Step 5: Use of Results • How will you use your results to improve your program?
Evaluating Assessment Plans • Contains a balance of direct and indirect assessment methods overall. • Contains a mix of quantitative and qualitative measures overall. • Contains mostly formative assessments for mid-course corrective action. • Contains links between major assignments/activities and assessments. • Contains three different ways to assess each SLO. • Contains criteria that are based on realistic and meaningful benchmarks. • Contains a variety of assessment methods both tried and true and new. • Contains suggested approaches for sampling or systematically evaluating the student learning outcome.
Final Thought “Assessment involves “the systematic collection, analysis, interpretation, and use of information to understand and improve teaching and learning…Assessment is an ongoing process aimed at understanding and improving student learning” (Skyline College SLOAC Committee, 2005, p. 6).
Resources • Skyline SLOAC: http://www.smccd.edu/accounts/skysloac/index.htm • Pasadena City College SLO: http://www.pasadena.edu/SLO/resources/ • California Assessment Institute: http://cai.cc.ca.us/Resources/index.htm
Thank you for attending! Before you leave, please fill out the assessment! For more information on this workshop including PPT presentation and handouts, visit: http://salsa.missioncollege.org/perlas/ Scroll to Presentations and click on: Student Support Services Assessment Plan(PPT) link Assessment Plan Handoutslink
References Banta, T. W. (2002). Building a scholarship of assessment. San Francisco, CA: Jossey- Bass. Banta, T. W., Black, K. E., Kahn, S., and Jackson, J. E. (2004). A perspective on good \practice in community college assessment. In New Directions for Community Colleges. 126, 5 – 16. Indianapolis, IN: Wiley Periodicals. California Assessment Institute (n.d.). Resources. Retrieved November 24, 2007, from California Assessment Institute Web site: http://cai.cc.ca.us/Resources/index.htm Chickering, A. W. and Gamson, Z. F. (1997). Seven principles for good practice in undergraduate education. Retrieved November 23, 2007 from http://learningcommons.evergreen.edu/pdf/fall1987.pdf Cuseo, J. B. (2003). Assessment of the first-year experience: Six significant questions. Retrieved November 5, 2007, from http://www.sc.edu/fye/resources/assessment/pdf/Cuseos6Qs-web.pdf Cushman, K. (1999). The cycle of inquiry and action: Essential learning communities. Retrieved November 10, 2007 from http://www.essentialschools.org/cs/resources/view/ces_res/ Friedlander, J. and Serban, A. M. (2004). Meeting the challenges of assessing student learning outcomes. In New Directions for Community Colleges. 126, 101 – 109. Indianapolis, IN: Wiley Periodicals. Hendriksen, S. I., Yang, L., Love, B., and Hall, M. C. (2005). Assessing academic support: The effects of tutoring on student learning outcomes. Journal of College Reading and Learning. 35, 56-65. Huba, M. E. and Freed, J. E. (2000). Learner-Centered assessment on college campuses. Needham Heights, MA: Allyn & Bacon.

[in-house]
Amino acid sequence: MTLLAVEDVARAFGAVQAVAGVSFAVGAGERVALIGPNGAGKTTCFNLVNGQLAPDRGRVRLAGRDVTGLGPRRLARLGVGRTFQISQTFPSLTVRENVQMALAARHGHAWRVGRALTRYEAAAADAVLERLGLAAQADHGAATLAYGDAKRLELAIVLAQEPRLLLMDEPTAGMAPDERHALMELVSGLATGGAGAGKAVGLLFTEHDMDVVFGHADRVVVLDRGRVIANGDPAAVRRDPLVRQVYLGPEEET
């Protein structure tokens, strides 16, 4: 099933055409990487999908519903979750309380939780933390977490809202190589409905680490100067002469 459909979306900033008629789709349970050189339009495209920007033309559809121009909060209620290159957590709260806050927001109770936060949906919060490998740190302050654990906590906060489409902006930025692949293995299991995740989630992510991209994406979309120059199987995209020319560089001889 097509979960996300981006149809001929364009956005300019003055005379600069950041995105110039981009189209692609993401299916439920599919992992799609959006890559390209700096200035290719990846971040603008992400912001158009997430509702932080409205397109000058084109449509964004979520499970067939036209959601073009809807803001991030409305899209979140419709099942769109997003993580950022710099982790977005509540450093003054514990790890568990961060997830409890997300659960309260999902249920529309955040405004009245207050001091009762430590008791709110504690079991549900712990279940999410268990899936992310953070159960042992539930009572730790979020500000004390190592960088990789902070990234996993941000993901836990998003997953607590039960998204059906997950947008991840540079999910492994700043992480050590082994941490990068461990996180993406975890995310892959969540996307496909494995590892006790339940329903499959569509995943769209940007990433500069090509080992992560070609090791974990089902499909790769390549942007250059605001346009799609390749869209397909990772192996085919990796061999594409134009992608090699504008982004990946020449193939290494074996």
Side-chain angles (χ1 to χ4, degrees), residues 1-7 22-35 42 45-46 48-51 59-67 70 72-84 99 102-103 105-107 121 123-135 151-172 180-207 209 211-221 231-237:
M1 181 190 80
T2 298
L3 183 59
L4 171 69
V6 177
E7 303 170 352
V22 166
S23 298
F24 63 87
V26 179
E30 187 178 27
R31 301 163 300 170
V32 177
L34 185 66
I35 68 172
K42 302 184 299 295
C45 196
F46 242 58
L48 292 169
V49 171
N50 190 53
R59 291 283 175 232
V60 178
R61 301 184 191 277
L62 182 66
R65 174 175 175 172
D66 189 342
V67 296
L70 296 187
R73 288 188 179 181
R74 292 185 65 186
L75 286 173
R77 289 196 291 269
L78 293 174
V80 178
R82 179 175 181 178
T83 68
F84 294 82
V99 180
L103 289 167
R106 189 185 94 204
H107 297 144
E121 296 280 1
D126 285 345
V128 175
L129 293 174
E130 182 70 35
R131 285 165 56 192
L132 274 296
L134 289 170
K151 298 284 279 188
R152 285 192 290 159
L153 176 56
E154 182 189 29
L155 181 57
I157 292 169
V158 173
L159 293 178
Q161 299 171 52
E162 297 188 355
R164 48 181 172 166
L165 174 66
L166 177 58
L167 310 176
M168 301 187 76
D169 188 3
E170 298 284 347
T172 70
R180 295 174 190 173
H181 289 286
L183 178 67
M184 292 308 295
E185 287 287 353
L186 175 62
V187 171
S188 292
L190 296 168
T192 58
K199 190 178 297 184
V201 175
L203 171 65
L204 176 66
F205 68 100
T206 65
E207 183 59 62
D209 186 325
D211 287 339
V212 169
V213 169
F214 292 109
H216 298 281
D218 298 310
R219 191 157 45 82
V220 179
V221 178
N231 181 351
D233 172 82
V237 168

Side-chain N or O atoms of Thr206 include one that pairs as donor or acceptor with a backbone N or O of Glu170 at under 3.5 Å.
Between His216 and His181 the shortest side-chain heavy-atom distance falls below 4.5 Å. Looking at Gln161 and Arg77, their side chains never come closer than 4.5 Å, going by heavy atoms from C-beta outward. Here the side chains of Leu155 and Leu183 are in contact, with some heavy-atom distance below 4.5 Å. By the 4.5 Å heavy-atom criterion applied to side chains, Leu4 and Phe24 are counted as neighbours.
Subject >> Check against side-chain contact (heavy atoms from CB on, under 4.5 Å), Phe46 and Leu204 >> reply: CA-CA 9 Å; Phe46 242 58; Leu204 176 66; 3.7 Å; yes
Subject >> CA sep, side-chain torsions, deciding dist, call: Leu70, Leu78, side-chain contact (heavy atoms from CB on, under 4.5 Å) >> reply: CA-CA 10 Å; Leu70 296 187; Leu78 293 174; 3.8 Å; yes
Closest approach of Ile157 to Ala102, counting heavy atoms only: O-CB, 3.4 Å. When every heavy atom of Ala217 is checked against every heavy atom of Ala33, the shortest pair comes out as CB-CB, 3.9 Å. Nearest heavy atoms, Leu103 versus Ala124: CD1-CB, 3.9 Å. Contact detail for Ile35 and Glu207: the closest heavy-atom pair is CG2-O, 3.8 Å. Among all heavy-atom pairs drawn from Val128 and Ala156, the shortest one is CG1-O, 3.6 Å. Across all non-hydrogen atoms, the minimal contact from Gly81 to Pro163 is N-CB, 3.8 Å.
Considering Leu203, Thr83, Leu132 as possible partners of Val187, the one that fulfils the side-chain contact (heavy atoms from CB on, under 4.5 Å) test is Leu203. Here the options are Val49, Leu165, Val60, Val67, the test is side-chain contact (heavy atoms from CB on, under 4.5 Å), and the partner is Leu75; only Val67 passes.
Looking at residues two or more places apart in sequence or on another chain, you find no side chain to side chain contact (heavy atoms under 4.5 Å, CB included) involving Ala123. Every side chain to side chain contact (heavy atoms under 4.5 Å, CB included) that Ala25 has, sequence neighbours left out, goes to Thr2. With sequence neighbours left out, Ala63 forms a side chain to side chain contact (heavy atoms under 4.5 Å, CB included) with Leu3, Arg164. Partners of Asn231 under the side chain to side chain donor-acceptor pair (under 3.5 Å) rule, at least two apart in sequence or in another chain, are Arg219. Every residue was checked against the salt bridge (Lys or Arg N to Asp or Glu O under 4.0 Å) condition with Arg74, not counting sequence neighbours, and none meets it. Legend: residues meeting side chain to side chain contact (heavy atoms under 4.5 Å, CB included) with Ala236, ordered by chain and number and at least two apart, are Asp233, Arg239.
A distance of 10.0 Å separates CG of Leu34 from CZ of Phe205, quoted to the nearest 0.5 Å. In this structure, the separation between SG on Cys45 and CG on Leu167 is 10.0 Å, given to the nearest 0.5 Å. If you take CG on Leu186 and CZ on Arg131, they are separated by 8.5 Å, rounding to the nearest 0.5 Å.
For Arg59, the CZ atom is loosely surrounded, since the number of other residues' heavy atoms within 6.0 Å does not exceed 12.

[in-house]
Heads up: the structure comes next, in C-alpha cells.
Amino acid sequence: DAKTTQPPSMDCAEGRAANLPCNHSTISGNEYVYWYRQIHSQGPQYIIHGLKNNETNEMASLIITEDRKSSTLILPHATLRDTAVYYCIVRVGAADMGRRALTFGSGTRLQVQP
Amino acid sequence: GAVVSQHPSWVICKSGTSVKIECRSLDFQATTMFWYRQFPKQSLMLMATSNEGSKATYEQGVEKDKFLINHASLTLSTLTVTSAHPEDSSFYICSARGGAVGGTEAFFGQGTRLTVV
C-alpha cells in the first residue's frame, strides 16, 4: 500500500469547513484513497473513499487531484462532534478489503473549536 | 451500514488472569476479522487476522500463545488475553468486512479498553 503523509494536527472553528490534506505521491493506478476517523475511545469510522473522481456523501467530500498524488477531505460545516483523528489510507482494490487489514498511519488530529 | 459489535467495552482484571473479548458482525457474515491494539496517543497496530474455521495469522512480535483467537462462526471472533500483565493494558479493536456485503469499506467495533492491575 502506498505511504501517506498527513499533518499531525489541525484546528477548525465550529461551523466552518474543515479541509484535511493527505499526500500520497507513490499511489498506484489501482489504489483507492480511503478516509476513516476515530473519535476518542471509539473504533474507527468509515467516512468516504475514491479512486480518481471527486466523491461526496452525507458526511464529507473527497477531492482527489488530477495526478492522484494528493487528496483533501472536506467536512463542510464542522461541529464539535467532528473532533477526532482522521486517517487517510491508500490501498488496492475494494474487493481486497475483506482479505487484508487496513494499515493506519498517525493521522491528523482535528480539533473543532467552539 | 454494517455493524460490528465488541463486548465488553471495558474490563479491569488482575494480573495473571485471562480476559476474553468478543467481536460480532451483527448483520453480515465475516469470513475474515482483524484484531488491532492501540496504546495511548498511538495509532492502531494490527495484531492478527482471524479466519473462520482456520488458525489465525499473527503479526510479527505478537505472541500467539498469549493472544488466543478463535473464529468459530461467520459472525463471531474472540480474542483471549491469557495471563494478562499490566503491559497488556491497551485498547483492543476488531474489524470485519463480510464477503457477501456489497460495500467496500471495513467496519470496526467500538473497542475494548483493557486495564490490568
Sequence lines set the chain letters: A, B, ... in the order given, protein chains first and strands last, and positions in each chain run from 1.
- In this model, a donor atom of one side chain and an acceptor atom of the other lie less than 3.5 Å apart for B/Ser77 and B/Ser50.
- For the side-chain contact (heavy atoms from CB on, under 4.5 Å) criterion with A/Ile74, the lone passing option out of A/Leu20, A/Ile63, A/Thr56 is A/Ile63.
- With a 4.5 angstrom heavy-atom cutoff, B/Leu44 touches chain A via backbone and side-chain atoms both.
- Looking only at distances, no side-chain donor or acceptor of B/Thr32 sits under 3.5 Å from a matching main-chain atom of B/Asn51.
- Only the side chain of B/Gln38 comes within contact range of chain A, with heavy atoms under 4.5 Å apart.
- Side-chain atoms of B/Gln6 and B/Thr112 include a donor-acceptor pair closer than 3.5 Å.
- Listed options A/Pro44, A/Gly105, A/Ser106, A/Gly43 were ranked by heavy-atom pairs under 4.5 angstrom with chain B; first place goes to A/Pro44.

References Joint Task Force for Student Learning, (1998, June, 2). Powerful partnerships: A shared responsibility for learning. Retrieved October 31, 2007, from ACPA College Student Educators International Web site: http://www.myacpa.org/pub/documents/taskforce.pdf','700','450' League for Innovation in the Community College. (n.d.) An assessment framework for the community college: Measuring student learning and achievement as a means of demonstrating institutional effectiveness. Retrieved May 15, 2006, from http://www.league.org/publication/whitepapers/0804.html Pasadena College SLO (2005). Student Learning Outcomes (SLOs). Retrieved November 24, 2007 from Pasadena City College Web site: http://www.pasadena.edu/SLO/resources/ Maki, P. (2002).Developing an assessment plan to learn about student learning. Journal of Academic Leadership. 28, 1-2. Moorpark Community College. (2007) Program Improvement Toolkit 2007. Moorpark, CA: Moorpark College Assessment Committee. Stiehl, R. and Lewchuk, L. (2007). Assessment Primer. Blaine, WA: The Learning Organization. Stiehl, R. and Lewchuk L. (2007). Outcomes Primer. Blaine, WA: The Learning Organization. Skyline College SLOAC Committee (2005). The Skyline College SLOAC framework: An implementation guide for the student learning outcomes and assessment cycle. Retrieved November 18, 2007, from Skyline College Web site: http://www.smccd.edu/accounts/skysloa